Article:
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Mol Cell Biol. 2004 Apr;24(7):2986-97.

A novel mTOR-regulated phosphorylation site in elongation factor 2 kinase modulates the activity of the kinase and its binding to calmodulin.

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Division of Molecular Physiology, Faculty of Life Sciences, University of Dundee, Dundee DD1 5EH, United Kingdom.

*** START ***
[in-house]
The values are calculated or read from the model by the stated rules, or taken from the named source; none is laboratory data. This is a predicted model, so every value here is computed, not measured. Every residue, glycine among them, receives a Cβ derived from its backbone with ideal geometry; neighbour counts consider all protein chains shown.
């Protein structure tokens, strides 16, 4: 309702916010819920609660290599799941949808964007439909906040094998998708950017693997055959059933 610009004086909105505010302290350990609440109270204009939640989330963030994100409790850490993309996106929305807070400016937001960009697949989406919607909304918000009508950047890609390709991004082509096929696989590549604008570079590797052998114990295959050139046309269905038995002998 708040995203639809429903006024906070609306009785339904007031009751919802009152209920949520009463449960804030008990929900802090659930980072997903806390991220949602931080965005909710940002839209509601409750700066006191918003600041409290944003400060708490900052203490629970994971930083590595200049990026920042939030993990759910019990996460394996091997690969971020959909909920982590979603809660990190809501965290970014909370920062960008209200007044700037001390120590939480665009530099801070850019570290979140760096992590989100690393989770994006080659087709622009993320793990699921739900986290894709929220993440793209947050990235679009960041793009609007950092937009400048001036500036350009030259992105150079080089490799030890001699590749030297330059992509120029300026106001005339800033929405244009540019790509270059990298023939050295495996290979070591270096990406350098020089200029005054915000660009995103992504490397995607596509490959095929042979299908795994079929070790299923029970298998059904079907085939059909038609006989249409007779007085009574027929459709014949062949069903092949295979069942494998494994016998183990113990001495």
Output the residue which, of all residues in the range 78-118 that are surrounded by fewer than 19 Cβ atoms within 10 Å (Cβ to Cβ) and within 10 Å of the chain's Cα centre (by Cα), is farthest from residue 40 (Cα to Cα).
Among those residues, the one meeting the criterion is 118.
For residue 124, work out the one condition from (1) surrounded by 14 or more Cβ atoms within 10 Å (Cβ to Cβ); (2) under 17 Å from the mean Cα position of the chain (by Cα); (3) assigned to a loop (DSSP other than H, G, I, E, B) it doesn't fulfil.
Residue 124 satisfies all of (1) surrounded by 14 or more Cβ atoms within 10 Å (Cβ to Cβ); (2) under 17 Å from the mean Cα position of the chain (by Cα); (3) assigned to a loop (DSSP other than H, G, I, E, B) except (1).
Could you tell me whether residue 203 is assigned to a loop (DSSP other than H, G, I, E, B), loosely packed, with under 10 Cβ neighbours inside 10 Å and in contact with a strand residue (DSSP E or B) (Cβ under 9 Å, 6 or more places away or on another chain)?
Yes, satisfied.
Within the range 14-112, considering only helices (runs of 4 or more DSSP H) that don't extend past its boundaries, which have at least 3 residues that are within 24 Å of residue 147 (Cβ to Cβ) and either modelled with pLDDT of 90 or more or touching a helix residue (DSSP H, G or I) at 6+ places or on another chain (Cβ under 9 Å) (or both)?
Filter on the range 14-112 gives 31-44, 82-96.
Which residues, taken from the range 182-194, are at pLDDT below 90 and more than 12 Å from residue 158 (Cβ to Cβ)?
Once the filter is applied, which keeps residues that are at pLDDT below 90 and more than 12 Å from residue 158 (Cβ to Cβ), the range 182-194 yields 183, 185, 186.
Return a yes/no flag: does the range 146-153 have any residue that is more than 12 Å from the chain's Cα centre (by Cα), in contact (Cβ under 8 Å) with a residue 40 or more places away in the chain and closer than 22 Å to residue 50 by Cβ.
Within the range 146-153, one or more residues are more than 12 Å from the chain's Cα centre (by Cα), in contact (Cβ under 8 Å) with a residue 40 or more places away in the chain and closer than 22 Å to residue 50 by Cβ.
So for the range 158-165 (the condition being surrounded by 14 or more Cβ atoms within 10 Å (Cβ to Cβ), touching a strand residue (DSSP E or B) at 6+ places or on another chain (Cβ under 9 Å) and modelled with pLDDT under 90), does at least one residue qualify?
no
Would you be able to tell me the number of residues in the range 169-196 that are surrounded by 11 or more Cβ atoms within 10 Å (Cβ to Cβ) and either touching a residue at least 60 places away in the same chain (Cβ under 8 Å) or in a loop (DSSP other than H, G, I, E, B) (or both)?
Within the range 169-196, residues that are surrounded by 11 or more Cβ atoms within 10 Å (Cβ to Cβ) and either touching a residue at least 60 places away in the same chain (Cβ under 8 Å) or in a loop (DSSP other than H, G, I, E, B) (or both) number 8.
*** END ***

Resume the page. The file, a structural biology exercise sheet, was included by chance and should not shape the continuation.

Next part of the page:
Eukaryotic elongation factor 2 (eEF2) kinase is an unusual calcium- and calmodulin-dependent protein kinase that is regulated by insulin through the rapamycin-sensitive mTOR pathway. Here we show that insulin decreases the ability of eEF2 kinase to bind calmodulin in a rapamycin-sensitive manner. We identify a novel phosphorylation site in eEF2 kinase (Ser78) that is located immediately next to its calmodulin-binding motif. Phosphorylation of this site is increased by insulin in a rapamycin-sensitive fashion. Regulation of the phosphorylation of Ser78 also requires amino acids and the protein kinase phosphoinositide-dependent kinase 1. Mutation of this site to alanine strongly attenuates the effects of insulin and rapamycin both on the binding of calmodulin to eEF2 kinase and on eEF2 kinase activity. Phosphorylation of Ser78 is thus likely to link insulin and mTOR signaling to the control of eEF2 phosphorylation and chain elongation. This site is not a target for known kinases in the mTOR pathway, e.g., the S6 kinases, implying that it is phosphorylated by a novel mTOR-linked protein kinase that serves to couple hormones and amino acids to the control of translation elongation. eEF2 kinase is thus a target for mTOR signaling independently of previously known downstream components of the pathway.

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